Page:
Brain-computer interface used in study to "talk" to people without motor function

Scientists have conducted a trial where they were able to communicate with patients that suffered from advanced forms of amyotrophic lateral sclerosis, a condition where people lose the ability to control their muscles. The trial employed a brain-computer interface that allowed the patients to reply to questions with a simple "yes" or "no" response.

The condition still allows patients to think but prevents them from talking or moving, and depending on the severity of the condition, eye movement may also be restricted. The people involved in this study were the worst-affected and could not move their eyes.

The method used in the study is called near-infrared spectroscopy. The activity of brain cells affects the oxygen levels in the blood, which in turn changes the color of the blood. Scientists were able to use light to detect the blood’s color using near-infrared spectroscopy and determine the subject's response.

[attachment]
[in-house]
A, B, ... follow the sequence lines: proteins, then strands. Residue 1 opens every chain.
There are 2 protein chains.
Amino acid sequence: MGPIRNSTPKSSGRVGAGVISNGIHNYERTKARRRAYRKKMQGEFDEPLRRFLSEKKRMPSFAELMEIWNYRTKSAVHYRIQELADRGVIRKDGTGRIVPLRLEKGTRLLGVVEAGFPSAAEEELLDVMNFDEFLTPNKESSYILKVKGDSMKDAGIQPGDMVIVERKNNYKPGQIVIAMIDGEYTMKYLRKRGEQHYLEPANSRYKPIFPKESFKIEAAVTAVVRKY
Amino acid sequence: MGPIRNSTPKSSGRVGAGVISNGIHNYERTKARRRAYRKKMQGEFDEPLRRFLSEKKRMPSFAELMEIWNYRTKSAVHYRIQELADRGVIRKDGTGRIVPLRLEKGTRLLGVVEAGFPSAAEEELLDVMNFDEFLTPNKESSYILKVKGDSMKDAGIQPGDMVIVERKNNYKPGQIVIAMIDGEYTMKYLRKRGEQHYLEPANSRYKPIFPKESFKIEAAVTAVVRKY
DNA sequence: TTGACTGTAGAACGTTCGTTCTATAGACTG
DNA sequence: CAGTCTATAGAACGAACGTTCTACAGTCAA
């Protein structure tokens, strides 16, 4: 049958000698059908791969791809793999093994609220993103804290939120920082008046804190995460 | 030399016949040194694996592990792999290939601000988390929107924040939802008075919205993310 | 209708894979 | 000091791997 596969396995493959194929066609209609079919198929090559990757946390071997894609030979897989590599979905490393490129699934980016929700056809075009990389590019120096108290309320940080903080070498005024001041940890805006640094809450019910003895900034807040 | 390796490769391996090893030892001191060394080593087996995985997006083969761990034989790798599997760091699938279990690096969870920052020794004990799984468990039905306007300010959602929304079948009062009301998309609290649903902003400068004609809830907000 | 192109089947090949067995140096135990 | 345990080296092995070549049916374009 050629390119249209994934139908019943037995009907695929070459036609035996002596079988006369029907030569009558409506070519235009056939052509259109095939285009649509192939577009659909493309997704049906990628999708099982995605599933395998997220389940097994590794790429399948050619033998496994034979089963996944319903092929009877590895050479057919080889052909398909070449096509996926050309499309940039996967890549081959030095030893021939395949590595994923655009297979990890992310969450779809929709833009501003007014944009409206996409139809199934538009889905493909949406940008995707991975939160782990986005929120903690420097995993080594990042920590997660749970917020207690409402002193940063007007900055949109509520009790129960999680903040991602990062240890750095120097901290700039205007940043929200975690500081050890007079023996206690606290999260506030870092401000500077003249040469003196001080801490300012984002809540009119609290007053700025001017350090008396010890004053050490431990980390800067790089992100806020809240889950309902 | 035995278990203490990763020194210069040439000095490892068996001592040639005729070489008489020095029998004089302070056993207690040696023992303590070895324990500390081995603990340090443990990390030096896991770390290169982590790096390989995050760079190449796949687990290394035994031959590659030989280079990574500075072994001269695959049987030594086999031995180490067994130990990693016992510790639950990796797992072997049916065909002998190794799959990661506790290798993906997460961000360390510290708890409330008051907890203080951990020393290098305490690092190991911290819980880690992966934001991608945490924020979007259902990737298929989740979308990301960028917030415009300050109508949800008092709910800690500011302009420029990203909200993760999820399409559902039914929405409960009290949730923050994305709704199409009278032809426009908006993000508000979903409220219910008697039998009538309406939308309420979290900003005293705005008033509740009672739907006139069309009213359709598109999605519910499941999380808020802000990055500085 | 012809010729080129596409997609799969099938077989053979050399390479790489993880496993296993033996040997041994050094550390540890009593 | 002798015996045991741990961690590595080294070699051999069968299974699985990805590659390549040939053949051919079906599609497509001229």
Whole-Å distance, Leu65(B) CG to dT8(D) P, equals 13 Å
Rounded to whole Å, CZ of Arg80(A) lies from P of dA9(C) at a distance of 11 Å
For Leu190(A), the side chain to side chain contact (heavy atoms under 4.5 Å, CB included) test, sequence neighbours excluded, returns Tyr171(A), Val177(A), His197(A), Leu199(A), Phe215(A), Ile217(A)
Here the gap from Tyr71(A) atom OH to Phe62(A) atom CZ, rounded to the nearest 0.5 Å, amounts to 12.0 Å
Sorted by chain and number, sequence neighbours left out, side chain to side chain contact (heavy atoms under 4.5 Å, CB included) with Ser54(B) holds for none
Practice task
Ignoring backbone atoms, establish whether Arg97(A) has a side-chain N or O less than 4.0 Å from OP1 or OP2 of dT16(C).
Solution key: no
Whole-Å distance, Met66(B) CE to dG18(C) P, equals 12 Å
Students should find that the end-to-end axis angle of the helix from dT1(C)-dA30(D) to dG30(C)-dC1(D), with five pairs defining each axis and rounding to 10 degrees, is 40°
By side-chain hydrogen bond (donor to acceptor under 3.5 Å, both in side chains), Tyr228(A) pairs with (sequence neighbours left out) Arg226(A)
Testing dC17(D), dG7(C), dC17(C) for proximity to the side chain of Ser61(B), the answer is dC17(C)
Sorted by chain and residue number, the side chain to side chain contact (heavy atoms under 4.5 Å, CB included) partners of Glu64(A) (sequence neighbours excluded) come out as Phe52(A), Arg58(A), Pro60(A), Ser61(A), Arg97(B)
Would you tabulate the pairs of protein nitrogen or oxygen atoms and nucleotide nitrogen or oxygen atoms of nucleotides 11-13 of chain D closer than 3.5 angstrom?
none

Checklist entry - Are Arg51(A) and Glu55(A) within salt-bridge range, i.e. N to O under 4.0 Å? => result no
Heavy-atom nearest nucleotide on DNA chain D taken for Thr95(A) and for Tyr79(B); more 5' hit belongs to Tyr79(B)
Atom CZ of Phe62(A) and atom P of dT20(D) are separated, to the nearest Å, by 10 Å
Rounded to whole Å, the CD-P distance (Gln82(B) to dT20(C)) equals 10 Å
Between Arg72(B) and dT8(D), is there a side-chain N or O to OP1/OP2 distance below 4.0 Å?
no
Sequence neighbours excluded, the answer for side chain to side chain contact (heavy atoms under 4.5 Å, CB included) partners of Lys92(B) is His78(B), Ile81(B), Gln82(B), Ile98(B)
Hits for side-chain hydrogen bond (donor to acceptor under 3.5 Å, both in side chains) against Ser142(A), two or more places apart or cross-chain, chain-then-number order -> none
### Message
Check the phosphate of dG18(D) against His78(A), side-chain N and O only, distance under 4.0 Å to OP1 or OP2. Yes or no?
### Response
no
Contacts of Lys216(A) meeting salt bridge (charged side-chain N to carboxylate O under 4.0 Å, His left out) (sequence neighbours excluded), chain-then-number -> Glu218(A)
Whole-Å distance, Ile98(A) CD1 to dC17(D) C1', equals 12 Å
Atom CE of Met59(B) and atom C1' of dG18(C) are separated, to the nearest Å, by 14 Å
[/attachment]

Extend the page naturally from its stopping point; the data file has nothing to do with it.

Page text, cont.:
Before the subjects could give reliable answers to the questions being asked, the computer needed to be trained to interpret responses correctly. In order to get reliable answers, the questions had to be asked multiple times to verify the answers given.

Professor John Donoghue from the Wyss Center in Switzerland where the technique was developed said:

If a person who is totally locked-in is able to communicate, you’re freeing the mind to interact with the world around them…That is remarkable.

One of the participants in the study was asked if he would give his blessing to his daughter who intended to marry her boyfriend. And nine times out of ten, the participant's answer was negative. The pair were reported to have gotten married anyway.

Source: BBC News | Image via Wyss Center

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